Immigrants and D.C. Unemployment

Courtesy of Patrick Madden / WAMU 88.5

Esayas Ayele, right, getting hired by 7-Eleven representative Mark Crist at a city-sponsored One City, One Hire employment event.

D.C.’s unemployment is 11.1 percent, but it’s uneven. In some wards, it’s at 3 percent, while in others, it’s as high as 20 percent.

In response to D.C.’s unemployment divide, the District launched a campaign to boost hiring of the city’s residents. WAMU 88.5′s Patrick Madden reports from a city-sponsored hiring event for 7-Eleven on Monday, where the first hire was Esayas Ayele, a recent Ethiopian immigrant. Ayele told Mayor Vincent Gray, “I was a senior banker in my hometown with a degree in accounting. I am lucky, a very lucky guy.” As Madden reports, not everyone was happy as only 26 out of the 100 people there were hired:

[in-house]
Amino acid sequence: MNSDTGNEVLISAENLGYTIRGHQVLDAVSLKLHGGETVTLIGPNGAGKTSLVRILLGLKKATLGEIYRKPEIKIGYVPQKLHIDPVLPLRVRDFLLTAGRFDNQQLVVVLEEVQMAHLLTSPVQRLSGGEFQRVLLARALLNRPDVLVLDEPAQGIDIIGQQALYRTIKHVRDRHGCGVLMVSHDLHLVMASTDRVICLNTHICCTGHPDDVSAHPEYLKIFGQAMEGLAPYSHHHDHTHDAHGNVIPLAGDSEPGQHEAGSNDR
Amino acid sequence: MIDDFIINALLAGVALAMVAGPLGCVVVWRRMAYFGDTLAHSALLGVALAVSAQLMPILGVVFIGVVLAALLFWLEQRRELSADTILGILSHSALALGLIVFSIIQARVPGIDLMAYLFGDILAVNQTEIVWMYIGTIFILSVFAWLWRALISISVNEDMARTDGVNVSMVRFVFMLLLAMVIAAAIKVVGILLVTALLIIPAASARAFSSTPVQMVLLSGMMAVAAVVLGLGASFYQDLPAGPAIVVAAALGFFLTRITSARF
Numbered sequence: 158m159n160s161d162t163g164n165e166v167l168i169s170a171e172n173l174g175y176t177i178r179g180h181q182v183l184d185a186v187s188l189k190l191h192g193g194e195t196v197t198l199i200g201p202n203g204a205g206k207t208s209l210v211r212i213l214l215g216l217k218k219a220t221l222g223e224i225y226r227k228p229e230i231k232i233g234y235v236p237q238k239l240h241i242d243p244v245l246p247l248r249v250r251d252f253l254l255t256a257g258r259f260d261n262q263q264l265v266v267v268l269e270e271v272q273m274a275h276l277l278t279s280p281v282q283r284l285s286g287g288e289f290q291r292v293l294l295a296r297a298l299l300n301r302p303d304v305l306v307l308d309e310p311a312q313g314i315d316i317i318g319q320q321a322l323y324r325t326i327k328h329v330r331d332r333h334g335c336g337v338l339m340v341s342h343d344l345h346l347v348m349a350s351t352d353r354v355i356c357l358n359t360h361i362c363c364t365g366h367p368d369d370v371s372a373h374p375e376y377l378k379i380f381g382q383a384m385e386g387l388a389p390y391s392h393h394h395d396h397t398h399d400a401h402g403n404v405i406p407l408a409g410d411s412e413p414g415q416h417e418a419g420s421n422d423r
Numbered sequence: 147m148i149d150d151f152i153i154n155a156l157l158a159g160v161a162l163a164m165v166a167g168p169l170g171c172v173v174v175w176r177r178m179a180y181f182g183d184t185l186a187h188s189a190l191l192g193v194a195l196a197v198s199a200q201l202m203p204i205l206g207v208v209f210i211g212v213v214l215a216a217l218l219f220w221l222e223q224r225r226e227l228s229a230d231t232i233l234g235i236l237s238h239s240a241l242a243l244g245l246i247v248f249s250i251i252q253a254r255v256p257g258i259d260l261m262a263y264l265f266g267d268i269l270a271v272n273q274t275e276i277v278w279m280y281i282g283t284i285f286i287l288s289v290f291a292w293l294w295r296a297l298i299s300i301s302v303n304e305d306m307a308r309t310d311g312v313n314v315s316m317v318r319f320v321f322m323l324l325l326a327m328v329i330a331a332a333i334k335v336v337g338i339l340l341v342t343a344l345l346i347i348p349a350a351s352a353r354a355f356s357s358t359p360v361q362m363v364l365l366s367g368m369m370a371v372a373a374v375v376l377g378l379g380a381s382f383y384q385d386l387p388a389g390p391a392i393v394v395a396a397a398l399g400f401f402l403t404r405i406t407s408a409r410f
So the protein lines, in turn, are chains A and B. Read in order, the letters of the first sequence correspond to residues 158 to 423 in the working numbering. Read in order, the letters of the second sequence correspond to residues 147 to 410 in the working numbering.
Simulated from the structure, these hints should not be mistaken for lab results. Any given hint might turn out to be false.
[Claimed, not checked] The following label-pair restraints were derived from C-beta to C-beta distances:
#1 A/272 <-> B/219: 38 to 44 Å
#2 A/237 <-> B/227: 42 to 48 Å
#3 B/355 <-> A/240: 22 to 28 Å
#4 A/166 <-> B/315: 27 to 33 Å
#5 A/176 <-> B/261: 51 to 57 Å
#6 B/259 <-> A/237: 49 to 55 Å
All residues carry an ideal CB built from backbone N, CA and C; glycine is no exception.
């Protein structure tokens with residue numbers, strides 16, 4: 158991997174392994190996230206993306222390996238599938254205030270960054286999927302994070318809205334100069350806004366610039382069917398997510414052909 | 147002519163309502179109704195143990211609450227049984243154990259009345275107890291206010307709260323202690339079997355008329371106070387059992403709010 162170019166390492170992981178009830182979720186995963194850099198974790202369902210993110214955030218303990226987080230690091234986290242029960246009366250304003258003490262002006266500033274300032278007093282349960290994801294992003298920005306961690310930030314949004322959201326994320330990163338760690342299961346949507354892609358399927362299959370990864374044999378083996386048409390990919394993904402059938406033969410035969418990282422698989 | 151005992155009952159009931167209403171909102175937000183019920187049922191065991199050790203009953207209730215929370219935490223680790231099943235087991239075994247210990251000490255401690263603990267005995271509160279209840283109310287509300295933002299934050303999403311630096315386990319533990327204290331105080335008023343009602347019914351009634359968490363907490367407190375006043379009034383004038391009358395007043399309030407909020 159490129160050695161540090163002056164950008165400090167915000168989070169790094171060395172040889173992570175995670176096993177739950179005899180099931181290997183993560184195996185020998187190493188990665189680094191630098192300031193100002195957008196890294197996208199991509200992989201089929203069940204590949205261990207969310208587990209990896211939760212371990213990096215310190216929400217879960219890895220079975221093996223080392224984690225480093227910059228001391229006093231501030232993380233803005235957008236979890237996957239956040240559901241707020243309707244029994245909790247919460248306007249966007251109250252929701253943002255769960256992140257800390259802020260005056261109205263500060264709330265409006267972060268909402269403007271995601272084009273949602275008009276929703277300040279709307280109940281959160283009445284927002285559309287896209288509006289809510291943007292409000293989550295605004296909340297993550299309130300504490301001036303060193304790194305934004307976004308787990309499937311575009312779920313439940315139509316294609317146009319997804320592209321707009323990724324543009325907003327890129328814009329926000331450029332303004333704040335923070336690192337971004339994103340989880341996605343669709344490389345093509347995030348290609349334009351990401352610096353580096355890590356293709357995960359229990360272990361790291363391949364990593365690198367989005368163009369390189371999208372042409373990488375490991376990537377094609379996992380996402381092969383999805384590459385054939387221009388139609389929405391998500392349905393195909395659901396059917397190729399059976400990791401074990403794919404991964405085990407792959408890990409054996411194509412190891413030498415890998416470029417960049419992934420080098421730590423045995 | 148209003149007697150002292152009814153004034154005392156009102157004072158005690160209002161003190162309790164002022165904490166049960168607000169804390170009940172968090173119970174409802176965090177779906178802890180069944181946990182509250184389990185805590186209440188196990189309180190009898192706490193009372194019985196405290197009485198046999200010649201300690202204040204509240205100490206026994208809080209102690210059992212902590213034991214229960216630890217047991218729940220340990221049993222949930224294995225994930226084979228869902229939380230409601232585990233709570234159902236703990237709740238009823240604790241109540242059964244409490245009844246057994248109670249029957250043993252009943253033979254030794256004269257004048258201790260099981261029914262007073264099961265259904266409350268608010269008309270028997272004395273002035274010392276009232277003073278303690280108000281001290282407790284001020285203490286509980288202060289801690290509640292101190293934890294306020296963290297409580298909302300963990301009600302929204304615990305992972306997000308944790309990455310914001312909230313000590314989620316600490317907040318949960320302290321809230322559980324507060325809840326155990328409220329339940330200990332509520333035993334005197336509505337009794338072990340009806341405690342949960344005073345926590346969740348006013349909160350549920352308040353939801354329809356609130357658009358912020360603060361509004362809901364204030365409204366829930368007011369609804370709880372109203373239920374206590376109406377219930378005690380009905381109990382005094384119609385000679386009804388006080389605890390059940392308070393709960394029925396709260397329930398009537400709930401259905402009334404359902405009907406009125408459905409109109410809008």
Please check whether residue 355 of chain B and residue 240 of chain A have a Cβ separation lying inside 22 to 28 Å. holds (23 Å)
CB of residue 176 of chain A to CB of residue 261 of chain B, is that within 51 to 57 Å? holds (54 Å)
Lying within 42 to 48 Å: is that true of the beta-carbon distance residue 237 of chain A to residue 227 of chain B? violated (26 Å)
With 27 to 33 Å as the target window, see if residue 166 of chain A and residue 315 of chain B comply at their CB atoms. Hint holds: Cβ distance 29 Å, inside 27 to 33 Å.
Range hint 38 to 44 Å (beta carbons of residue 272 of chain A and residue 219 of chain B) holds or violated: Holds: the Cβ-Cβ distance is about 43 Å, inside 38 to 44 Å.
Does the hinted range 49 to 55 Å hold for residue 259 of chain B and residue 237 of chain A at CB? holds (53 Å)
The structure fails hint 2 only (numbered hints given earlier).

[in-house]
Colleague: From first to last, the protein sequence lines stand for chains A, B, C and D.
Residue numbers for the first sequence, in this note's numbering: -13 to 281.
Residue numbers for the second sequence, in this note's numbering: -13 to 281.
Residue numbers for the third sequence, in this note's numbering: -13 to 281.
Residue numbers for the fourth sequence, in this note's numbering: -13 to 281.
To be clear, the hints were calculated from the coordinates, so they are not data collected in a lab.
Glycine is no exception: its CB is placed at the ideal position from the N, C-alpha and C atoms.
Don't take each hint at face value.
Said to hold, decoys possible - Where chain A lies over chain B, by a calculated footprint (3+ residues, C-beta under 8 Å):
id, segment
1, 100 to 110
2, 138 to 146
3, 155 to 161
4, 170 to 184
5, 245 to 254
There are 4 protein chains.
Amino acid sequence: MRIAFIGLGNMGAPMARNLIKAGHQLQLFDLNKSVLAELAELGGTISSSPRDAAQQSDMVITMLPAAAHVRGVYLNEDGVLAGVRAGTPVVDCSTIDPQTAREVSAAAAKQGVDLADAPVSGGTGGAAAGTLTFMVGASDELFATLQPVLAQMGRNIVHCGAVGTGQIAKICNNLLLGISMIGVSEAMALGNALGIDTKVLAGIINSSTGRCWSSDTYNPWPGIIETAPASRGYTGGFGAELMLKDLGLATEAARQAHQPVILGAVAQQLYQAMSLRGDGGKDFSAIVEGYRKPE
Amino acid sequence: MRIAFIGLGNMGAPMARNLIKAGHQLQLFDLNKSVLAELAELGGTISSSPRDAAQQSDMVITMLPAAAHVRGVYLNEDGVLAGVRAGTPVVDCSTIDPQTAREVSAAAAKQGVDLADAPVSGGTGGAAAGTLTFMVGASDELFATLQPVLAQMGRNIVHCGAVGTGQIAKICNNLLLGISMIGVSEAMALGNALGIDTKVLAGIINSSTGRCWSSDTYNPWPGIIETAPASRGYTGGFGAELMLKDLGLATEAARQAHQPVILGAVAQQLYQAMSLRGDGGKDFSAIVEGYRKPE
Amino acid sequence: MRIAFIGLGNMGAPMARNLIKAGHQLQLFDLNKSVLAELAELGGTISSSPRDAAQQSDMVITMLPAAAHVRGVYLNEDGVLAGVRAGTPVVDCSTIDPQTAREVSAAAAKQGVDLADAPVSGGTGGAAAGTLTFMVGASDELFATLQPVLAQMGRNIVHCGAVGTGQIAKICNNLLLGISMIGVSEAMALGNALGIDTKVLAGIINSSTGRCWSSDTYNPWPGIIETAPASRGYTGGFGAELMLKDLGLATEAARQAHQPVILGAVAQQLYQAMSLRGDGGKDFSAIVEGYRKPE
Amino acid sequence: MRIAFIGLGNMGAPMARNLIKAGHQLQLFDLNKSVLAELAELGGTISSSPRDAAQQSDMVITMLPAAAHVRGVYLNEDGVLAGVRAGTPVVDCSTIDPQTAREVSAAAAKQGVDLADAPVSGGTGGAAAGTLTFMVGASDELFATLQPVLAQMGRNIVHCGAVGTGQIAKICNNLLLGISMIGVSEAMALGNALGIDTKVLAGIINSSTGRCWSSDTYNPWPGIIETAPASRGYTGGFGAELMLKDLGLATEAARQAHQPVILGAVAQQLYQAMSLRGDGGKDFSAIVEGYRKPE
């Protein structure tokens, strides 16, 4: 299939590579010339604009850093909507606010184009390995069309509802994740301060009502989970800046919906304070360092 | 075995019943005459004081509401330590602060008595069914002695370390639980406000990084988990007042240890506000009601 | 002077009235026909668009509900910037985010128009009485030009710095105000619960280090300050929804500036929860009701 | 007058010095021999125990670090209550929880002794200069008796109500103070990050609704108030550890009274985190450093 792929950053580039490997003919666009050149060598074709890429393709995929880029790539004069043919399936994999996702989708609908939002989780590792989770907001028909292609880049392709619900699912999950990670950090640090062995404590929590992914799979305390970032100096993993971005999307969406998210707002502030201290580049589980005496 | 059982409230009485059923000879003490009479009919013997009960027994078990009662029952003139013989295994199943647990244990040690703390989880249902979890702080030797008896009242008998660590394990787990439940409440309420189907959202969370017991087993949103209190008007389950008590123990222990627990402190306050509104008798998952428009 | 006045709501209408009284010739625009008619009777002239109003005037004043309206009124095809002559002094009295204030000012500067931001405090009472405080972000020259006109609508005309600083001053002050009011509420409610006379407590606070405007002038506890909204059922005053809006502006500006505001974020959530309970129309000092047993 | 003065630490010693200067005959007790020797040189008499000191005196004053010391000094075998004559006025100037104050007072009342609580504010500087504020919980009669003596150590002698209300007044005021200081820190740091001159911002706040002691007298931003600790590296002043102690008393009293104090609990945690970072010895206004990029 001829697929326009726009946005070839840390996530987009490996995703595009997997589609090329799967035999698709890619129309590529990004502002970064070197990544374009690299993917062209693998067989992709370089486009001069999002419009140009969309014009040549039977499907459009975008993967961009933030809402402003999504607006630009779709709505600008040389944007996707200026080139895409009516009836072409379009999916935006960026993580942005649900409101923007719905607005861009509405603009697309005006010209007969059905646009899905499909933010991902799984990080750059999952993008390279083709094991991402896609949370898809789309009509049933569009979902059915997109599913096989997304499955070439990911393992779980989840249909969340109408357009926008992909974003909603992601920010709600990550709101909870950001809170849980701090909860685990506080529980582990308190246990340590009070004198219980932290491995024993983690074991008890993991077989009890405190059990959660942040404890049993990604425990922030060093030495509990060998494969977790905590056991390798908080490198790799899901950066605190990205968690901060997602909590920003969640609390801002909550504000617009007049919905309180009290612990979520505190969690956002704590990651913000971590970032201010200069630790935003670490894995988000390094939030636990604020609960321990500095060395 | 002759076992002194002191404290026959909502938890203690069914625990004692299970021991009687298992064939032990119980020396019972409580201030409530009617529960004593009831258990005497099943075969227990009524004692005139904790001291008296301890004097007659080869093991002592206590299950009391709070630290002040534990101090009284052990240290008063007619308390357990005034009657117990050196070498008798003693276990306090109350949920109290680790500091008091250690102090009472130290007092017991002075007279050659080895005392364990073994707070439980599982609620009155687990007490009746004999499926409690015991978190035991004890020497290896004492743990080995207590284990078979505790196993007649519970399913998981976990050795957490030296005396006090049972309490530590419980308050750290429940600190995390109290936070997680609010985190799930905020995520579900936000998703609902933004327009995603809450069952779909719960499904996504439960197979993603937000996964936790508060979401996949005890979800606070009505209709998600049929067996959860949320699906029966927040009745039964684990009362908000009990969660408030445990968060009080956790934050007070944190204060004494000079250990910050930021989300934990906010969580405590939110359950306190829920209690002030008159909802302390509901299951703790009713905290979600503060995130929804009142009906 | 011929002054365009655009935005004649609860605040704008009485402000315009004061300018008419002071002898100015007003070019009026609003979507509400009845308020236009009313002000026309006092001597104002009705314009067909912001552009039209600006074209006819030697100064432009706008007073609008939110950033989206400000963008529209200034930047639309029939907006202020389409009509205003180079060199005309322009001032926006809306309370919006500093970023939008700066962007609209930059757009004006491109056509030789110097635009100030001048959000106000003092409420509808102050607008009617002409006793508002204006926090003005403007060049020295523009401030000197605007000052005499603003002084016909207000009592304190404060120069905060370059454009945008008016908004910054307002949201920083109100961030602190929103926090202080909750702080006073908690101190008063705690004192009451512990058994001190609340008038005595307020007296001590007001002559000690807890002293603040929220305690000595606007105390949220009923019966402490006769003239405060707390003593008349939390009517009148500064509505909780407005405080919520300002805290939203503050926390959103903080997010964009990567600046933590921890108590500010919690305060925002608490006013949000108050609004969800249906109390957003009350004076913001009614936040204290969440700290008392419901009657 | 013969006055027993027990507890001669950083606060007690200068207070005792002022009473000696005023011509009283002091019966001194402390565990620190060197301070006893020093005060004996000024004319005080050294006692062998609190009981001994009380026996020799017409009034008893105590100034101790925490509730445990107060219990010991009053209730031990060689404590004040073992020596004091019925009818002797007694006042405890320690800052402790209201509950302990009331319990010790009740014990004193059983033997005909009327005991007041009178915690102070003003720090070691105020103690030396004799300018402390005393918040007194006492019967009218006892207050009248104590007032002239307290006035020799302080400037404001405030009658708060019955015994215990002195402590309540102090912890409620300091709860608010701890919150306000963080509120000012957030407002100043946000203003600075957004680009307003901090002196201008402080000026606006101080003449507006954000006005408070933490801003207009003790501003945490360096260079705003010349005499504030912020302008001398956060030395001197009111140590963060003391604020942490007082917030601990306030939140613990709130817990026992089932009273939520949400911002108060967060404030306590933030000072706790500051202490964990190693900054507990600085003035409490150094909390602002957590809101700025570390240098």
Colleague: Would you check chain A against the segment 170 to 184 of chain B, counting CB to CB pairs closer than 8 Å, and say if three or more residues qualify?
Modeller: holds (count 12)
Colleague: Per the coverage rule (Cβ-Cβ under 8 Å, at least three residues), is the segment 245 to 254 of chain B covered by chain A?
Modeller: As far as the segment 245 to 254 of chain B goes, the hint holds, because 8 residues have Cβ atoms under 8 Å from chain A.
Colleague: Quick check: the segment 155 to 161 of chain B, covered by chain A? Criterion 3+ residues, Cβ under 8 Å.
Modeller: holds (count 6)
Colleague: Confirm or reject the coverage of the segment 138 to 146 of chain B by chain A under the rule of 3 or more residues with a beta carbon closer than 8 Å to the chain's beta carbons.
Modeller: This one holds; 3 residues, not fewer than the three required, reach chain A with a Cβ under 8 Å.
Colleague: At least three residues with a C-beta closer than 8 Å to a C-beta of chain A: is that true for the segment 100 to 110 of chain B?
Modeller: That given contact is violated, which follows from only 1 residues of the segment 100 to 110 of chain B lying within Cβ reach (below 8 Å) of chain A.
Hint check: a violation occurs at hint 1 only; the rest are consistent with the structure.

Ayele feels lucky, but maybe not loved; nearby, Stephanie Taylor watches his hiring disapprovingly. She was turned down for one of the openings.

“I think this was a waste of time,” says Taylor. “If you just want to hire foreigners, you know, why would you have a jobs fair?”

Taylor’s frustration that immigrants get jobs over native born D.C. residents is nothing new; a similar sentiment is being echoed by those critical of Gray’s recent signing of an executive order that prevents police officers from questioning the immigration status of arrested individuals. Some are even going so far as to say that immigration should be curtailed or stopped until unemployment is down.